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Indulge, My Son: Economic Look Into the Catholic Church's Use of Indulgences

Indulge, My Son: Economic Look Into the Catholic Church's Use of Indulgences


David Hoffer's Entry For The 2004 Moffatt Prize in Economics

The Catholic Church's grasp in the daily and elemental aspects of life far exceeds its reach. For the Pope, through letters and edicts, is constantly setting up the official role of the one and unified Catholic Church in the surrounding unfaithful world. However, judging by the ambivalent history of the Church in its dealings with their secular counterparts, in the many battles, bans, boycotts, burnings, and brew-ha-ha of councils, the official position is becoming more and more convoluted as different needs and necessity of purpose arise. One of the more shady and difficult doctrinal facets embedded in Catholic Church history is that of use of indulgences as an economic force to back and support certain particular societal, national, and ecclesiastical developments: mainly, Church treasury needs, Crusading incentive, and the doctrine of Purgatory. To begin this overview of the sale of indulgences, it might be beneficial to examine what they are, when exactly they originated, and where they come from. In the words of Pope Paul VI,
    An indulgence is a remission before God of the temporal punishment due to sins whose guilt has already been forgiven, which the faithful Christian who is duly disposed gains under certain prescribed conditions through the action of the church which, as a minister of redemption, dispenses and applies with authority the treasury of the satisfactions of Christ and the saints. (Pope Paul VI, 1)
Before the Crusades, the people of a particular parish or province would be given to prayer and fasting for each other's salvation and continued perseverance in the order of the saints on earth. But beginning with Pope Urban II, and roughly the start of the first Crusade (Ekelurd, 70), the local clerical authority could offer up indulgences either for sale or attainment through deed in order to dispense with the need to do penance, either for self or others. Clearly, its coming into prolific use due to an economic crisis (namely, the war between the Christians in the west and the Moslems in the east) is a large factor in determining its main uses in the following centuries.

The use of indulgences in the funding of the general Church treasury takes the primary utility in its use from its pragmatic externalities. Though rooted in spiritual truth and necessity, a great factor in determining the details of indulgences, was monetary. And with good reason, one might say. What institution if not the Catholic Church, held more land than any other institution in Europe during the middle ages? With such great spiritual claims, land holdings and, consequently, tenants of the land, raiment, rituals, and general splendor of their Cathedrals, there were many expenses to be considered (both of a material and spiritual nature).(Cook) As Lea is quoted in The Sacred Trust as saying, "the struggling Church would have had slender chance of securing converts if it had disclaimed all power to succor the dead." (Ekelurd, 165n) More of this will be said in the part concerning purgatory, but this 'power to succor the dead' is stressed at the time in the form of indulgences. So as a result of these holdings, both physical and spiritual, came increased and heightened opportunities of revenue. As asserted in The Sacred Trust,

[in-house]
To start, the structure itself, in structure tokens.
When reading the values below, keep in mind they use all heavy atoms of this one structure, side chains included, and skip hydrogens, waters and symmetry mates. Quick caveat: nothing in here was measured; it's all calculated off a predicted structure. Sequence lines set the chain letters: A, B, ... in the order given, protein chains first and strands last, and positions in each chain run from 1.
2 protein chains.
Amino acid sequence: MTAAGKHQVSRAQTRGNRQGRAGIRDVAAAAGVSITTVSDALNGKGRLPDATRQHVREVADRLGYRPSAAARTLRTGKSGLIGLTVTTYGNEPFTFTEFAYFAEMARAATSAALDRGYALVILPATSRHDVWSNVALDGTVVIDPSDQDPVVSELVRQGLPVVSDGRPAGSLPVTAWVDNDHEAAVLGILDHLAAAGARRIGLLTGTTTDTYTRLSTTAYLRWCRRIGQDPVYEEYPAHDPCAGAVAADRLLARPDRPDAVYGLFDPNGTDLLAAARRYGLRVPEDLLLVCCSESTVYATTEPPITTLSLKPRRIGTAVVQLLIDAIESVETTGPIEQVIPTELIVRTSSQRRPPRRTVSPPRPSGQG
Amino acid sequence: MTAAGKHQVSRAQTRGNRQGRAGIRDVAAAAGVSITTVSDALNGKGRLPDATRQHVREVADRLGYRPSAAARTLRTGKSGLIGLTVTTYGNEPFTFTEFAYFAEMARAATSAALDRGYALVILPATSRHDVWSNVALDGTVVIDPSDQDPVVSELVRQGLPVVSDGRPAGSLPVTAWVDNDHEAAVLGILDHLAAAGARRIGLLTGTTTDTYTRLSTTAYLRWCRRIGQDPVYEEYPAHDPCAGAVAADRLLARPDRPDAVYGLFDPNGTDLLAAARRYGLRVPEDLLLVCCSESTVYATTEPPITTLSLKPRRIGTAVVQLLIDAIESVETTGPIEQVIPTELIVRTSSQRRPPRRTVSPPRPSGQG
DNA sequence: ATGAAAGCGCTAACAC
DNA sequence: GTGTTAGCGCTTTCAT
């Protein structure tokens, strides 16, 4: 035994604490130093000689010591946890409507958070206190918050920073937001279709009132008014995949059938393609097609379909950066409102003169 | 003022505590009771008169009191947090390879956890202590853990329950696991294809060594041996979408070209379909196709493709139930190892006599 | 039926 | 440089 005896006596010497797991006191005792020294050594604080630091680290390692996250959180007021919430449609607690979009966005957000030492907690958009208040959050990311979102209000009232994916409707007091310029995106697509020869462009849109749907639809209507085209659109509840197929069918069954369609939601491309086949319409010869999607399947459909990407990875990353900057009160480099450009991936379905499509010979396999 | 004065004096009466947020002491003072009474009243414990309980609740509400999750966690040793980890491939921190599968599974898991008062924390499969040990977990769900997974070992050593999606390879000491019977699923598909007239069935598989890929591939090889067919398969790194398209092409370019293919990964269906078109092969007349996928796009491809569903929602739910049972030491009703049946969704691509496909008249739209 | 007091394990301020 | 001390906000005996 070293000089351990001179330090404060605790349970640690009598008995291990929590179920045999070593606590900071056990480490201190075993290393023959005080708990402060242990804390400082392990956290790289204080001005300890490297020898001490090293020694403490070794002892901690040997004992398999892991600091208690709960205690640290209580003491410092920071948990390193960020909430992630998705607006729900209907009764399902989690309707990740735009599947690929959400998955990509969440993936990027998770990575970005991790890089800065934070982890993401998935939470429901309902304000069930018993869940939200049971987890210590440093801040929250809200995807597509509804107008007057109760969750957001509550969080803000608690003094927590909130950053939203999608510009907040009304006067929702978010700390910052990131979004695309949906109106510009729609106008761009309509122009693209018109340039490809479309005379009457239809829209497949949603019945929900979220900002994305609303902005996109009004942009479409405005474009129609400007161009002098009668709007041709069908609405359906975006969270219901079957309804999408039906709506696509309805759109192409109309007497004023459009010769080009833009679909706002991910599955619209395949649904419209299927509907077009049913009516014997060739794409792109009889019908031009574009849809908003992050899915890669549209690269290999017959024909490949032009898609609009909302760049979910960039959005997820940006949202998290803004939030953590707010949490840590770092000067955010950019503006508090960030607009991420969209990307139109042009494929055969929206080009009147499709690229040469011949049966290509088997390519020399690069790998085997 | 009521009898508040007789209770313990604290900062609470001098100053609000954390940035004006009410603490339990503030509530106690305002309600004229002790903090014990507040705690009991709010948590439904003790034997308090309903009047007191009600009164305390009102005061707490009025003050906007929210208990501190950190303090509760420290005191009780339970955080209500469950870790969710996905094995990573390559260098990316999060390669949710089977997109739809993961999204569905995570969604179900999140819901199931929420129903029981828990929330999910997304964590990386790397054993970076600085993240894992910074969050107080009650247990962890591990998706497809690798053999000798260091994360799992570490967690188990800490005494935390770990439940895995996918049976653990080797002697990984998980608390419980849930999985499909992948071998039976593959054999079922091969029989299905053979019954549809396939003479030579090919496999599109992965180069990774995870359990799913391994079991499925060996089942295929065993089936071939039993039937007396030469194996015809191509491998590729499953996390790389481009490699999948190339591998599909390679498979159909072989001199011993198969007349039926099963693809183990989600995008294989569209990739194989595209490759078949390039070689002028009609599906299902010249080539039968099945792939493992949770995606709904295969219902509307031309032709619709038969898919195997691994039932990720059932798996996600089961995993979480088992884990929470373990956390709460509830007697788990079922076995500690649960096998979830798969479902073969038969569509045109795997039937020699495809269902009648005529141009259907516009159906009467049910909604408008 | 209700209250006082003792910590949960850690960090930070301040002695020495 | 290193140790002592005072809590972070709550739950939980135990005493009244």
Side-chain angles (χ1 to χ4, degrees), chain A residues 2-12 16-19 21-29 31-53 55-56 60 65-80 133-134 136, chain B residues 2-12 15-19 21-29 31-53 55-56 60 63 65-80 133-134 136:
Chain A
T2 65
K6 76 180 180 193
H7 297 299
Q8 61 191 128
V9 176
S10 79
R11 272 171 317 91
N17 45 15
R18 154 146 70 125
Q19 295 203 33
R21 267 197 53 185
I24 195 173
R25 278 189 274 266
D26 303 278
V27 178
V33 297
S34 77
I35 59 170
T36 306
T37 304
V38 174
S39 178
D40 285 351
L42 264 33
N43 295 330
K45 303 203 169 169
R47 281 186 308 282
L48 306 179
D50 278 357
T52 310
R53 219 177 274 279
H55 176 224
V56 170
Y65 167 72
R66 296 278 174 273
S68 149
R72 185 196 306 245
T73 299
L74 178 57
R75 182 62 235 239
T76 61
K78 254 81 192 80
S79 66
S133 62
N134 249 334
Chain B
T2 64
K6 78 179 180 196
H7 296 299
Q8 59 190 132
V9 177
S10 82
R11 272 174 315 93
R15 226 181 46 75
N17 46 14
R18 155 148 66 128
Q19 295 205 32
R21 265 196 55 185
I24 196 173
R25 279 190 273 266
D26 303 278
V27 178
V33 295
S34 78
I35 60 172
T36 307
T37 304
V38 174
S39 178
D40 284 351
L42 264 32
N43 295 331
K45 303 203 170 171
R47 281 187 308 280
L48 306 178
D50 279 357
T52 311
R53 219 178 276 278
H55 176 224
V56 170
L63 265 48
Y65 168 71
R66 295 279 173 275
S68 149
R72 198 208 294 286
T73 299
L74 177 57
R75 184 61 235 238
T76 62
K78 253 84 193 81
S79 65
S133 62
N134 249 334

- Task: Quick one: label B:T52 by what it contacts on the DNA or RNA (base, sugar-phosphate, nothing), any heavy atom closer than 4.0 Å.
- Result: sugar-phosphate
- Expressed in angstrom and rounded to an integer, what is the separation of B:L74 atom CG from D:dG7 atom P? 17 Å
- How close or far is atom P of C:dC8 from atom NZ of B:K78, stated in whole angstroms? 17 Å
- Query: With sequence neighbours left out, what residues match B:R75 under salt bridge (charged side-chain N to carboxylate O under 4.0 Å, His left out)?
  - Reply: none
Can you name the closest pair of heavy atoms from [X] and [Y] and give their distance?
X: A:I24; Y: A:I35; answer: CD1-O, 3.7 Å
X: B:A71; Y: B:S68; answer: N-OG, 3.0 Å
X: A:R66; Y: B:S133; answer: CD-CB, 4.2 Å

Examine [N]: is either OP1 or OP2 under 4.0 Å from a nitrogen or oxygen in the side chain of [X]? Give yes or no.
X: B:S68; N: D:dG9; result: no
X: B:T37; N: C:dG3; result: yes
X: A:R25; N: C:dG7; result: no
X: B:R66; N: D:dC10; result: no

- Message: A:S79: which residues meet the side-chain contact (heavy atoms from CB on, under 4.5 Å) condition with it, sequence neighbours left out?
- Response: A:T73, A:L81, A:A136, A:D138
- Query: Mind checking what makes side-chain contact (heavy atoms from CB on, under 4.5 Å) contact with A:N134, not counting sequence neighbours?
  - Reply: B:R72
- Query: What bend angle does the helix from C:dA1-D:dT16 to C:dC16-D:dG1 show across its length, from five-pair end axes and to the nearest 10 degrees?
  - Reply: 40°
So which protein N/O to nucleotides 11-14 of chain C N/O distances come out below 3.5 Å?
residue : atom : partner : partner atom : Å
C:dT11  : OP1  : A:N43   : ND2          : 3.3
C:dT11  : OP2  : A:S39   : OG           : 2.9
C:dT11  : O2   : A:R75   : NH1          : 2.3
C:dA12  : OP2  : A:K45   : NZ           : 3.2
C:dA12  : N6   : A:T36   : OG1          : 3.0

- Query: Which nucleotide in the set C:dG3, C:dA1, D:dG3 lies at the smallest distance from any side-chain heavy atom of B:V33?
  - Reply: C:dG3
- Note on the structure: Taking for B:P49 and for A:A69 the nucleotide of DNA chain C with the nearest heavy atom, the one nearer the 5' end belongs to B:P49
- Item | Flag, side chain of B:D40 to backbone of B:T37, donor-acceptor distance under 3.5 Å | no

The Church controlled enormous wealth. Its sources of revenue included tithes, land rents, donations, bequests, fees charged for judicial services, proceeds from the sale of indulgences, and income derived from monastic production and market of agricultural produce. (Ekelurd, 31) (Italics mine)
With the exception of donations, bequests, and indulgences, all the other income-inducing elements are founded in the pragmatic aspects of daily life and travail (land, labor, and capital). Indulgences are the only item among those listed that directly prescribes physical means to attain spiritual goals. Arguably donations (charity) could serve that end, but not of necessity; indulgences can serve no other end but the attainment of a spiritual good. Also, the Catholic Church found indulgences aiding in the prevention of the corrupt clerical practice of "malfeasance." (Ekelurd, 70)

Be Sure to Continue to Page 2 of "Indulge, My Son: Economic Look Into the Catholic Church's Use of Indulgences".

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